Life & Style
Every Brilliant Thing, A Man and His Dog, A Local Story, And More
Addition to Schedule: Every Brilliant Thing has been added to the TheatreWorks schedule for a short run. It will run just two weeks (Thursday, March 12 to Sunday, March 22), so tickets will be hard to come by, due to the limited seating capacity. The play, which was considered for the subscription season, is described as an “interactive life-affirming theatrical experience.” The plot involves a young man (at the beginning he is just seven) who begins listing for his ill mother everything that is worth living for. He continues as he becomes an adult. For tickets, visit twhartford.org or call 860-527-7838.
A Man and His Dog: The bond between people and their dogs is strong. One of my favorite A.R. Gurney plays is Sylvia. which focuses on that relationship between a middle-aged man who finds his job unfulfilling and the dog that “picks him” one day in the park. It’s at Music Theatre of Connecticut (MTC) in Norwalk from Friday, Feb. 7 to Sunday, Feb. 23. The comedy stars Dennis Holland as the husband and Carole Dell’Aquila as his wife, who has started a new career since the children have left the nest; Bethany Fitzgerald plays Sylvia, the dog and rival for the man’s affection. Holland was seen as the father in the MTC production of Ragtime last fall. For tickets, visit mustictheatreofct.com or call 203-454-3883.
A Local Story: Love and Spumoni, which is at Seven Angels Theatre in Waterbury, is a truly local story. It is based on a novel by Waterbury native Mary Lou Piland and Jenna Barrett Bernstein that tells Piland’s story of interracial teenage love in 1980s Waterbury. Connecticut playwright Jacques Lamarre has done the stage version. He’s known for his comedies, often involving food; most well-known is I Loved, I Lost, I Made Spaghetti, also based on Piland’s life. It runs Thursday, Jan. 30 to Sunday, Feb. 23. For tickets, visit sevenangeltheatre.org or call 203-591-8223.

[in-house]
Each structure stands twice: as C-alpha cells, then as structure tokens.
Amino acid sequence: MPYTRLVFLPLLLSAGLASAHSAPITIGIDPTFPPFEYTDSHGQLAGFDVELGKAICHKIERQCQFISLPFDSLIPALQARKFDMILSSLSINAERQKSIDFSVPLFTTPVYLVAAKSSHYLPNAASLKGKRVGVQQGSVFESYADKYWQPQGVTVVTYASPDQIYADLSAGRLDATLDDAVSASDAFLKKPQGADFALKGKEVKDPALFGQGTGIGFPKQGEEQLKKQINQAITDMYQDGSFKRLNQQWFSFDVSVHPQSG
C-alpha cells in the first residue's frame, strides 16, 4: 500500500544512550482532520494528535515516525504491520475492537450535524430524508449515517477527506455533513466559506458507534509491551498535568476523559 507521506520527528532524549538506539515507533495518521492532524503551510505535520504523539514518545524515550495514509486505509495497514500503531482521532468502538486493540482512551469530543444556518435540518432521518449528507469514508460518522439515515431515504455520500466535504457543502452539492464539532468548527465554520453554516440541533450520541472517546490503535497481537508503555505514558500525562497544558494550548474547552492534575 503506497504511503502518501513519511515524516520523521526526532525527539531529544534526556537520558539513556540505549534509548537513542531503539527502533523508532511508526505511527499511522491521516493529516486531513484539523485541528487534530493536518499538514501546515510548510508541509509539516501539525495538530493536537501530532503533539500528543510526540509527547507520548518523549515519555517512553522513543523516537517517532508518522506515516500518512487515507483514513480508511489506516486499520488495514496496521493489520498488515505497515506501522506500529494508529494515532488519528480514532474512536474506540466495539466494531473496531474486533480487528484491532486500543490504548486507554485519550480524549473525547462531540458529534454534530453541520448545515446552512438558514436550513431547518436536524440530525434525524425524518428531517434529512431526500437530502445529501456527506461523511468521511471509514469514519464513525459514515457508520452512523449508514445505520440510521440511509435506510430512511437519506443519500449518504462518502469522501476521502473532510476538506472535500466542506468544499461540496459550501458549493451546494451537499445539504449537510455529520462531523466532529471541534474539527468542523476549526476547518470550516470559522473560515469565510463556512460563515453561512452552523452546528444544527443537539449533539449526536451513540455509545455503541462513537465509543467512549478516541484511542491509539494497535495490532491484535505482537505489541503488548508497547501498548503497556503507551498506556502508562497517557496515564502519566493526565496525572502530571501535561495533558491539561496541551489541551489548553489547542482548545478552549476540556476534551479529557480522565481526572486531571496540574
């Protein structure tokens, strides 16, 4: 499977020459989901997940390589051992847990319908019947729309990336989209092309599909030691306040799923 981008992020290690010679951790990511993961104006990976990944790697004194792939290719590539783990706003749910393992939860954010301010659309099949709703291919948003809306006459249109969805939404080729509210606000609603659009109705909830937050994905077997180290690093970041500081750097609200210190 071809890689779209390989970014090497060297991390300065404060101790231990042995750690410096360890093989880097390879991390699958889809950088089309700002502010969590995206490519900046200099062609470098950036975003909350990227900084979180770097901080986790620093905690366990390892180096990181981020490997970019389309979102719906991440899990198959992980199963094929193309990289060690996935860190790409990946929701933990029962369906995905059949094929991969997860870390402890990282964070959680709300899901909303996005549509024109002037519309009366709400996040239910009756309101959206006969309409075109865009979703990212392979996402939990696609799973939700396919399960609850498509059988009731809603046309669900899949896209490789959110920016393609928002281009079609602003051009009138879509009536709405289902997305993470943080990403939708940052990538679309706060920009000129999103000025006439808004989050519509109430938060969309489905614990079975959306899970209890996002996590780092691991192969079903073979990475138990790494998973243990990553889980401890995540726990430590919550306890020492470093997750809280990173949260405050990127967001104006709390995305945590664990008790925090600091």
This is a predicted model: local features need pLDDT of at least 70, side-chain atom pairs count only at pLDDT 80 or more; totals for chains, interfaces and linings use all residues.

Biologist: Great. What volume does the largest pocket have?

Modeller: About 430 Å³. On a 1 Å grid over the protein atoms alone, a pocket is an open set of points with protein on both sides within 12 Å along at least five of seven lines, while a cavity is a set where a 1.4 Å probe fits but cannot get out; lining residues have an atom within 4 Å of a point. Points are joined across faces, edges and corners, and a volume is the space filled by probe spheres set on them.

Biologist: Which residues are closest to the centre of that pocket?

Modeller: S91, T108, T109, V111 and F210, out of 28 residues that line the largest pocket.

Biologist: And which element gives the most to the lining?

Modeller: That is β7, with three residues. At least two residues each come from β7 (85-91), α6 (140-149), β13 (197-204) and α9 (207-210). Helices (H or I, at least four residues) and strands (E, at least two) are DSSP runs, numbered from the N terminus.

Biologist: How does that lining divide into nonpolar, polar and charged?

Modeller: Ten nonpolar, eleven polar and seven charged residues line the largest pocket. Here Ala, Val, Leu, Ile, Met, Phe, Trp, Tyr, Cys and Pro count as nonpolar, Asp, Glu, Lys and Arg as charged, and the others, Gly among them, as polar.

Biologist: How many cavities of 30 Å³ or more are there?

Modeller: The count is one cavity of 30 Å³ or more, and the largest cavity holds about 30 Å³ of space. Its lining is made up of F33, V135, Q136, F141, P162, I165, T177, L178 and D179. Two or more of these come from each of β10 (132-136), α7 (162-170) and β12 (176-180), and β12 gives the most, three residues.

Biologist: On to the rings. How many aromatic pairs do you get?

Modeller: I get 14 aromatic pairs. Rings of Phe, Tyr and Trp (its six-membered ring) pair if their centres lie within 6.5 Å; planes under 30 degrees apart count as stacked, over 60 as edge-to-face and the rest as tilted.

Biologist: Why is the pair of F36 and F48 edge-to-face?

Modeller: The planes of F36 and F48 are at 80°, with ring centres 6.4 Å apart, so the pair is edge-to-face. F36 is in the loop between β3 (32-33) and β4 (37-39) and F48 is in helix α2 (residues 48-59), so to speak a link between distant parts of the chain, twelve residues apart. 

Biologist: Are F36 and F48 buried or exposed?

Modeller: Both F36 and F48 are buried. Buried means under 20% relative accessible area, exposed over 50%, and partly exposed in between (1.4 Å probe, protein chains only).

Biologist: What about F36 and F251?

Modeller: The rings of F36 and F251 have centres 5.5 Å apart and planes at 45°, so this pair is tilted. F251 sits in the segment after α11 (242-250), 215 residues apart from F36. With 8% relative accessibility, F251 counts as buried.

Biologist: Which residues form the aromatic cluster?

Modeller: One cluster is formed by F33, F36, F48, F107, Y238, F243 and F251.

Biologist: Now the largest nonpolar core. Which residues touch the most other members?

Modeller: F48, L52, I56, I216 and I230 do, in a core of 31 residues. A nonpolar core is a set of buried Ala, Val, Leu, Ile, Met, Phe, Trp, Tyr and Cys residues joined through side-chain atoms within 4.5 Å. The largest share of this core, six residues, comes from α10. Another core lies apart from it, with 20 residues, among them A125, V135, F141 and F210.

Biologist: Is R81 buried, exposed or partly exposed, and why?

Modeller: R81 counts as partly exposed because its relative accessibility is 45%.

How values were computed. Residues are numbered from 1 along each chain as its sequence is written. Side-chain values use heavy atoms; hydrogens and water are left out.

Who Will Play the King? When The King’s Speech arrives at Hartford Stage in March, who will be playing the King? The production directed by Michael Wilson has already played Chicago with Harry Hadden-Paton (Downton Abbey and Henry Higgins in the revival of My Fair Lady) played the king. It was a reasonable assumption that he would continue in the role through the stops in Washington, D.C. and Hartford; certainly some thought the plan was to bring the show to New York City. But Hadden-Paton has left the cast to accept a role in a new musical that will begin performances in April at Lincoln Center. That show, Flying Over Sunset, is inspired by author Aldous Huxley (played by Hadden-Paton) about a time when he, playwright/journalist Clare Boothe Luce, and Cary Grant experiment with LSD. Hartford Stage has not yet released casting information for The King’s Speech and I couldn’t discover who is playing the role in D.C. next month. Stay tuned.
Multiple Productions: I often wonder why some shows, after years of very few productions seem to resurface everywhere simultaneously. It’s happened with the classics; within 18 months there were several production of either Romeo & Juliet, some variation/adaptation of it, or West Side Story. Currently there is a Broadway revival of the musical and a new film in process. But this time it is the Sondheim/Weidman musical Assassins. In the last two-plus years, Yale Rep did it, City Center’s Off-Center series did it, as did several other theaters. Now Off-Broadway’s Classic Stage Company is opening another production in early April. This one features a terrific cast including Steven Pasquale, Judy Kuhn, Will Swenson, and Brandon Uranowitz. It’s a fascinating show and worth all the productions. I’m looking forward to this one.
Karen Isaacs is an East Haven resident. To check out her reviews for New York and Connecticut shows, visit 2ontheaisle.wordpress.com. She’s a member of the Connecticut Critics Circle, New York’s Outer Critics Circle and the American Theatre Critics Association.
Karen Isaacs is the Columnists for Zip06. Email Karen at .